Recently there is a lot of talk about the need to update the operating system. After the famous attacks caused by WannaCry and Petya (or rather NotPetya), the media are very sensitive about it. Therefore, the public was very upset when it was revealed that the new HMS Queen Elizabeth aircraft was managed by Windows XP PCs on board. So almost a 16-year-old operating system, which has long since ceased to be supported.
Windows XP appeared on the market October 25, 2001. The last service pack for this system, came out in April 2008, nine years ago. Its successor was Windows Vista, which was hated by all. That’s why so many people continue to worship old good XP. Microsoft ended the basic support for this system on April 14, 2009, after that date only critical security updates were released for this system. It lasted until April 8, 2014, when Windows XP stopped being supported by Microsoft. So why is this system still in use?
Windows XP on board HMS Queen Elizabeth
In 2015, the media noticed the most popular wallpaper on one of the computers on this aircraft carrier. The work on HMS Queen Elizabeth lasted a long time, so at the very beginning, the best solution available was Windows XP. Such serious projects do not change too often the initial assumptions. Therefore, no one dared to upgrade the IT system. It has been reported that the navies from different countries have bought extended support from Microsoft, but it is due to expire in 2019. Is HMS Queen Elizabeth vulnerable to cyber attacks? As Honda found out, isolation itself is not sufficient protection. The worm can be infiltrated by an infected pendrive, which can be connected to computer by an unconscious sailor. However, a defence ministry spokesman said that until the HMS Queen Elizabeth will be completed, all IT systems will be upgraded and Windows XP will disappear from this ship.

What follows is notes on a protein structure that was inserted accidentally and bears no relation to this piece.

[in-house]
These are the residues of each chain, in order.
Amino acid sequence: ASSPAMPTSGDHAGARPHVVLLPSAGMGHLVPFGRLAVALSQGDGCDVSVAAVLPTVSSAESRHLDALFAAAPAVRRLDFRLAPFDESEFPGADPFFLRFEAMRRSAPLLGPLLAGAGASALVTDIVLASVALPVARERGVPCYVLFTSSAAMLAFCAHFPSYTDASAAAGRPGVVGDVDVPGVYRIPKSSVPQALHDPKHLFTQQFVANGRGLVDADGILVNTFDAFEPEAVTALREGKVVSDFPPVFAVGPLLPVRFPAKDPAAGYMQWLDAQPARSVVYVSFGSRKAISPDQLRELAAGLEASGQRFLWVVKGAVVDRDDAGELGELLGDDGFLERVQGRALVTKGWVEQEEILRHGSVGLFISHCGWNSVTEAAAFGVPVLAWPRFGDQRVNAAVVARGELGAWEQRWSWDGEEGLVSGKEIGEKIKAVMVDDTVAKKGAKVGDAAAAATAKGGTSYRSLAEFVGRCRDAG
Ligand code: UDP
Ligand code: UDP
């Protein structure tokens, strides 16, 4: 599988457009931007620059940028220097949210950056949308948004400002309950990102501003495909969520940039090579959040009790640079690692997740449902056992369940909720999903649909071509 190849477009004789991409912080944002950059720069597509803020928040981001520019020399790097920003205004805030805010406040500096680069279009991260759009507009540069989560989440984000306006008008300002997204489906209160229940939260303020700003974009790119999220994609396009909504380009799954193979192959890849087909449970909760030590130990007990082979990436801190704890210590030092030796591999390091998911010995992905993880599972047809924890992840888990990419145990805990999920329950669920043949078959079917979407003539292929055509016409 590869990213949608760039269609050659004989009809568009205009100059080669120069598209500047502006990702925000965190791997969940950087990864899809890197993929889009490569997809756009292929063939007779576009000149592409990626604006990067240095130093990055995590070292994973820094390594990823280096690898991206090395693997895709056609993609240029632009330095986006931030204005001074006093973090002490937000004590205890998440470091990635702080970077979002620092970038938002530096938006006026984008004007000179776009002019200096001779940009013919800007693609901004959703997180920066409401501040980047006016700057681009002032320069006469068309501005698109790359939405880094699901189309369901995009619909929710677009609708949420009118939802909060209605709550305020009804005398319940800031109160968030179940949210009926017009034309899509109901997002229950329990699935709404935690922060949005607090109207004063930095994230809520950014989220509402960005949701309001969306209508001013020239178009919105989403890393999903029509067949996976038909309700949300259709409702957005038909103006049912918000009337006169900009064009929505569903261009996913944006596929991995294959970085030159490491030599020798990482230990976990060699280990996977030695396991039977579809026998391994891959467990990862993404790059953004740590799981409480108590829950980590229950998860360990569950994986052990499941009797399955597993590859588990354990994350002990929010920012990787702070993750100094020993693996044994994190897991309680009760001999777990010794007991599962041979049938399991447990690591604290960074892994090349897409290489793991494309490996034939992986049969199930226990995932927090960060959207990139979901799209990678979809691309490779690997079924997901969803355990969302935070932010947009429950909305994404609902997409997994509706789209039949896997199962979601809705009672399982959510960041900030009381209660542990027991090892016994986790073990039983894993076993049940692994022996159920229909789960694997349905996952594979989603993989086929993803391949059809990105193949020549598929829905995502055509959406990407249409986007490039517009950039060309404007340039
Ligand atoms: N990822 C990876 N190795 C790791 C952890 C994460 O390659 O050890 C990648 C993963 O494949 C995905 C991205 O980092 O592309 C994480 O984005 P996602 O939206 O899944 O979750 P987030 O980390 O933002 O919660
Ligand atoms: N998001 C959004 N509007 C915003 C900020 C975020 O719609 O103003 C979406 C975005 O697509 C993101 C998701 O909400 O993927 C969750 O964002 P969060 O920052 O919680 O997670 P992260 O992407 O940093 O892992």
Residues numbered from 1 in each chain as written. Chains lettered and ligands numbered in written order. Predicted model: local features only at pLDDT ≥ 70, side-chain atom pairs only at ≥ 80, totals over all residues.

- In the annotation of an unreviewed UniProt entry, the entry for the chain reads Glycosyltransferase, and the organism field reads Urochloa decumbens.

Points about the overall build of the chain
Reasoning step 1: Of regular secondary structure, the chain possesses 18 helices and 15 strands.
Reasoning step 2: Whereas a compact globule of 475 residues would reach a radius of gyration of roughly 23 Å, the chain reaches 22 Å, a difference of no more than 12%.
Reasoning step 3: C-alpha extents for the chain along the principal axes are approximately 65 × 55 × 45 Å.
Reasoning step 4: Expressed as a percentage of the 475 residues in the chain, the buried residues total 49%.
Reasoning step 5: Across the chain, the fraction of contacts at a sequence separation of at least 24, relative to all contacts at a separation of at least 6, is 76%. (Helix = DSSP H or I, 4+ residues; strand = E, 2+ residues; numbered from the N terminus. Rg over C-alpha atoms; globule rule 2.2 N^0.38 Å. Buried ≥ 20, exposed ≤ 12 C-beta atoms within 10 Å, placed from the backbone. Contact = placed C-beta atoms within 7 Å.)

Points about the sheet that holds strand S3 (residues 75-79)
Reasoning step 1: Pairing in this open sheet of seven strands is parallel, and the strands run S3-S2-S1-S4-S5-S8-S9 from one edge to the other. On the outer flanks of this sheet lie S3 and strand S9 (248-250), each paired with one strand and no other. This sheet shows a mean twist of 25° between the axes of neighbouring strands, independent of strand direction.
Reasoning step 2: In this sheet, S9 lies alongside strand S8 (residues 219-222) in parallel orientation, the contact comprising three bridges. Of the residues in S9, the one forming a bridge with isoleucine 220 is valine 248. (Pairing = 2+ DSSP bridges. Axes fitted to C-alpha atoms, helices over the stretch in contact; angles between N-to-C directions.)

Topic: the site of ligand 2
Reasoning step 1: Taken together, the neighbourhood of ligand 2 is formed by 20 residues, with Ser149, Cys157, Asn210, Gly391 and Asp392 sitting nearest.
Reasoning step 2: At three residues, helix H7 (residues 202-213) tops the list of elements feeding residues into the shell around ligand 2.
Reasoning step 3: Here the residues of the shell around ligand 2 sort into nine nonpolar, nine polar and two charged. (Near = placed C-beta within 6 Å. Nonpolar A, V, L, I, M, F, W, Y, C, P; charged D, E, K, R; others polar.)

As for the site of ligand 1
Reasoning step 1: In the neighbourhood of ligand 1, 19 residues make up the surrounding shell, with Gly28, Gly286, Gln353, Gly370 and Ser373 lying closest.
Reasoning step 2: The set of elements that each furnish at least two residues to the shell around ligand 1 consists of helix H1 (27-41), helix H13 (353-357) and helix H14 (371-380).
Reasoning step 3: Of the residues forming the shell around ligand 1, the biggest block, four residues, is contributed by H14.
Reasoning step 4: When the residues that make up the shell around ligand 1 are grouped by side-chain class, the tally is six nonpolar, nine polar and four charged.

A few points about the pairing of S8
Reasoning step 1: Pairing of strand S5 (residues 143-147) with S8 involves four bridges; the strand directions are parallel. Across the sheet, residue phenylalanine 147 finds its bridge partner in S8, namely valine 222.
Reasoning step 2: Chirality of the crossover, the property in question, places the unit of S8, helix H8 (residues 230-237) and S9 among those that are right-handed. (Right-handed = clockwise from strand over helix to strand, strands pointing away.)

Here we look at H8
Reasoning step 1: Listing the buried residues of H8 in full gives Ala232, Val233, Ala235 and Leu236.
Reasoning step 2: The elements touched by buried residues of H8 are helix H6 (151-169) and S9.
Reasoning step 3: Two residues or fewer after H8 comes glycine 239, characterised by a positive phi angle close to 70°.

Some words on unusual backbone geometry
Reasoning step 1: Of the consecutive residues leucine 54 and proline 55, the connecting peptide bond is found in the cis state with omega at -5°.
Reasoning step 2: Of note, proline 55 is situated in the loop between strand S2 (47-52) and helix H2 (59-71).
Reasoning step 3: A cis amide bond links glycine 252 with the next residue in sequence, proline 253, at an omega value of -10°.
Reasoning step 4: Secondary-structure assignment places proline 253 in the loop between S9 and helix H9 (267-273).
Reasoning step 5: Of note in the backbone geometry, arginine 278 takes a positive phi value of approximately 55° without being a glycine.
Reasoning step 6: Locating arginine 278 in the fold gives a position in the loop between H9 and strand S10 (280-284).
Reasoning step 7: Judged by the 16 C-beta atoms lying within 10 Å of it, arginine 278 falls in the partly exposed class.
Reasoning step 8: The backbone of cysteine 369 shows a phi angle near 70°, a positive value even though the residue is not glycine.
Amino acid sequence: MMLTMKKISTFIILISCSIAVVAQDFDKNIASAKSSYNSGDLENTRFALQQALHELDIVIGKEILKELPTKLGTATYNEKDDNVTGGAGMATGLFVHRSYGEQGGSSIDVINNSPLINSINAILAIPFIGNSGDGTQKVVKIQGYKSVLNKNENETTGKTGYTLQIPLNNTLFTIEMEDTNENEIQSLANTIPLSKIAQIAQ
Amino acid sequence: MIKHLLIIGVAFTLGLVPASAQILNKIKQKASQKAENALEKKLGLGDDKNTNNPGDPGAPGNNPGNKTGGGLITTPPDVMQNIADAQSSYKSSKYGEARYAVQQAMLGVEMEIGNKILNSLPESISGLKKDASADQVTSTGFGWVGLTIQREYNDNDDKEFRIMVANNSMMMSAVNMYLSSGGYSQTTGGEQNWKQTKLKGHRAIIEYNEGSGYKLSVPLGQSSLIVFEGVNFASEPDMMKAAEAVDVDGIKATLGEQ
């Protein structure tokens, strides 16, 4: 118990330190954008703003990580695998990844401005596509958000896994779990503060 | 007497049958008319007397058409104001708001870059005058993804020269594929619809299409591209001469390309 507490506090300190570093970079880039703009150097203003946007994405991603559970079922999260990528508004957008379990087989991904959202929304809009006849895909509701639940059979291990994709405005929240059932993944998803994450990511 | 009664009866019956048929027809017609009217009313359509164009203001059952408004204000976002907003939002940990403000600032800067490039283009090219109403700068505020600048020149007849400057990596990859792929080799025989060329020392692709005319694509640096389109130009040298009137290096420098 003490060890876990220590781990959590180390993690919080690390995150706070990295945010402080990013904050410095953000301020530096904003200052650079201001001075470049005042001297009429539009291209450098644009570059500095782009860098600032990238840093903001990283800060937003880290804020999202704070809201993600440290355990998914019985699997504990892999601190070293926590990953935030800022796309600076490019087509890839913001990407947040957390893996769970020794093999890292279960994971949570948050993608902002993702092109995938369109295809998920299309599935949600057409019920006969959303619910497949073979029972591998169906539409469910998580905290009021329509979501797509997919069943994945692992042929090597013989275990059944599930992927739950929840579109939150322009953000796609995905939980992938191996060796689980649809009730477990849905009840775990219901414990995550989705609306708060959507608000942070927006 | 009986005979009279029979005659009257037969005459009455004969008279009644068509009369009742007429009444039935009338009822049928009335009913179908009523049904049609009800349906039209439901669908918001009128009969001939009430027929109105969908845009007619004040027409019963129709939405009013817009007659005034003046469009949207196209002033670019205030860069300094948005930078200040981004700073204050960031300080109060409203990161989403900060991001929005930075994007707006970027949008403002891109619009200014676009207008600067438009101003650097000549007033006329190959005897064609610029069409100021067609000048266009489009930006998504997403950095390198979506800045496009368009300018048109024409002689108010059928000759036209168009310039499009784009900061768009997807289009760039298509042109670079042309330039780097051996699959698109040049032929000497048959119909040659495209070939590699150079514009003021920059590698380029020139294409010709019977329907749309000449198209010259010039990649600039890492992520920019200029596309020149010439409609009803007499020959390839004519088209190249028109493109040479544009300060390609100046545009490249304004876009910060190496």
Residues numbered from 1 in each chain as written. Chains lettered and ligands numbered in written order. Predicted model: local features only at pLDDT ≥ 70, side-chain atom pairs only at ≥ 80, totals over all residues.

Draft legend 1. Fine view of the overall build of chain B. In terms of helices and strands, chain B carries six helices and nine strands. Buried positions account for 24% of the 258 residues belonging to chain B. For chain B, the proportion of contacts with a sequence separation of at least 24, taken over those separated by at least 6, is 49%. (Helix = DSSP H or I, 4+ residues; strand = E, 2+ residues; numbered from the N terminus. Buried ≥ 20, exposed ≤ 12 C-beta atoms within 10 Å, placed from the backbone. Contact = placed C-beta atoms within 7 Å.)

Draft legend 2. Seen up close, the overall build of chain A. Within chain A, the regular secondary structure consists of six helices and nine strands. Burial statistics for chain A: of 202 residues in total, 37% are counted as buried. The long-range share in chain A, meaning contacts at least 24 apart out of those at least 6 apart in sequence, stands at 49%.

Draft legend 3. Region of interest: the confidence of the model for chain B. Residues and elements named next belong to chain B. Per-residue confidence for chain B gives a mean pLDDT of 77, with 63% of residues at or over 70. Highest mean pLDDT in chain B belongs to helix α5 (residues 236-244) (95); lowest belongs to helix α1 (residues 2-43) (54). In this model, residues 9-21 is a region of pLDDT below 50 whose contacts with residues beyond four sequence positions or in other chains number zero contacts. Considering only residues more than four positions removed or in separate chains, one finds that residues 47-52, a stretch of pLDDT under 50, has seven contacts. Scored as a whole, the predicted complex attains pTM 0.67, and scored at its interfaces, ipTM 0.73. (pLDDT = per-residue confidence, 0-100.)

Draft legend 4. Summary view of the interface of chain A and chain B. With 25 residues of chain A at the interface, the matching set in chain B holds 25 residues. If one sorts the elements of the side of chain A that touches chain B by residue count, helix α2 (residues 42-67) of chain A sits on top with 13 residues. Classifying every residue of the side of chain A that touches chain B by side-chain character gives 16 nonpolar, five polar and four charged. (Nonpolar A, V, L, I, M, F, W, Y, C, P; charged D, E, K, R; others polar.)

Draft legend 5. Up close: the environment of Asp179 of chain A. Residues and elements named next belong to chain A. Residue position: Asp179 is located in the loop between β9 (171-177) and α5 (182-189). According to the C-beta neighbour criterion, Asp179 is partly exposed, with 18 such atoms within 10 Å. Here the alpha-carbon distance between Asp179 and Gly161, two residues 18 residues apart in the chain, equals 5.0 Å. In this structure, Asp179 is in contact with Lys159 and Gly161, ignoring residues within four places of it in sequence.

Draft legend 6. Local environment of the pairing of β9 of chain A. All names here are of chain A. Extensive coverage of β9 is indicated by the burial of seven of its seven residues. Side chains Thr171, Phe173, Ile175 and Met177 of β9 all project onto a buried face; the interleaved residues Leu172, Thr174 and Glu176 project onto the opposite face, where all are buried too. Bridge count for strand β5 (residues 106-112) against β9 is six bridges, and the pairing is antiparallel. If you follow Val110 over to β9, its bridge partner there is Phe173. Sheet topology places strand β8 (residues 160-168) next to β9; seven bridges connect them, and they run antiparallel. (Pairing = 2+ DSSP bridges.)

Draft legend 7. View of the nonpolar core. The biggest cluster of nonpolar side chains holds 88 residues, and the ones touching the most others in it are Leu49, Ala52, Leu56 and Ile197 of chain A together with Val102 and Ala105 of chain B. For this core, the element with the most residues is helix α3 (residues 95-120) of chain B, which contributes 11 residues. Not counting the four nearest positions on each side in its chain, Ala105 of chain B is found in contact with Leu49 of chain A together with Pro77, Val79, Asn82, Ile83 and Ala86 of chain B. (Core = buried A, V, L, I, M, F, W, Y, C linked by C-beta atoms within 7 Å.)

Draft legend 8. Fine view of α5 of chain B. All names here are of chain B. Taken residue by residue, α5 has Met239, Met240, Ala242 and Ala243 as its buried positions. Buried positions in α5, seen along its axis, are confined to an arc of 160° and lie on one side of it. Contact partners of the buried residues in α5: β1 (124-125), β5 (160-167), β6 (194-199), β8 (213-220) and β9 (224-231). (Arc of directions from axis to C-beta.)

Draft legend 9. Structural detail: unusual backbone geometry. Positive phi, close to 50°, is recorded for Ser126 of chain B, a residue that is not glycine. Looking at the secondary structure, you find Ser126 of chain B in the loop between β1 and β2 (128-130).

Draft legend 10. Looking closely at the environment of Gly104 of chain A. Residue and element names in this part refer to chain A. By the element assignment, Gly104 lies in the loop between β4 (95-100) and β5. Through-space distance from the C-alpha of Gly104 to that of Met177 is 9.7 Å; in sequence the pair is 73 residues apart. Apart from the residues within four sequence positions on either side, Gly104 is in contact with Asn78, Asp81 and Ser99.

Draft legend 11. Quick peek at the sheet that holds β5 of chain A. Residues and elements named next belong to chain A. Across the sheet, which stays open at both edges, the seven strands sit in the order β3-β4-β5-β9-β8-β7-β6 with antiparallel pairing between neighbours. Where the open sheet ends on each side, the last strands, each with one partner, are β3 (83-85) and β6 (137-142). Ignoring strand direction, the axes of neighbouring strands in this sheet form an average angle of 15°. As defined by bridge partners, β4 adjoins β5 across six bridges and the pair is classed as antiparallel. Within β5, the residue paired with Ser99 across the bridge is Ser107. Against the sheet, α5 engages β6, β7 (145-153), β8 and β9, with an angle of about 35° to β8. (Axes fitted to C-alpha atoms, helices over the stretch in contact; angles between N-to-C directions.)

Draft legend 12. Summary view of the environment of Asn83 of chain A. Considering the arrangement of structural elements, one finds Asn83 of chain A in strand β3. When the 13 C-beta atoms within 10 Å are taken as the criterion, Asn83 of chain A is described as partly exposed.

Windows XP is not as bad as some people think.
An interesting discovery was made by one of security experts. He decided to look at how WannaCry behaves on Windows XP. It turned out that an unprotected computer with Windows XP will naturally be infected by WannaCry, but the virus has not spread. Immediately after the attack appeared a well-known blue screen of death. Often also Windows XP could no longer run, but files were not encrypted. Therefore, the information that in some companies WannaCry populated due to the use of a no longer supported XP was exaggerated. This was mainly due to not updated Windows 7.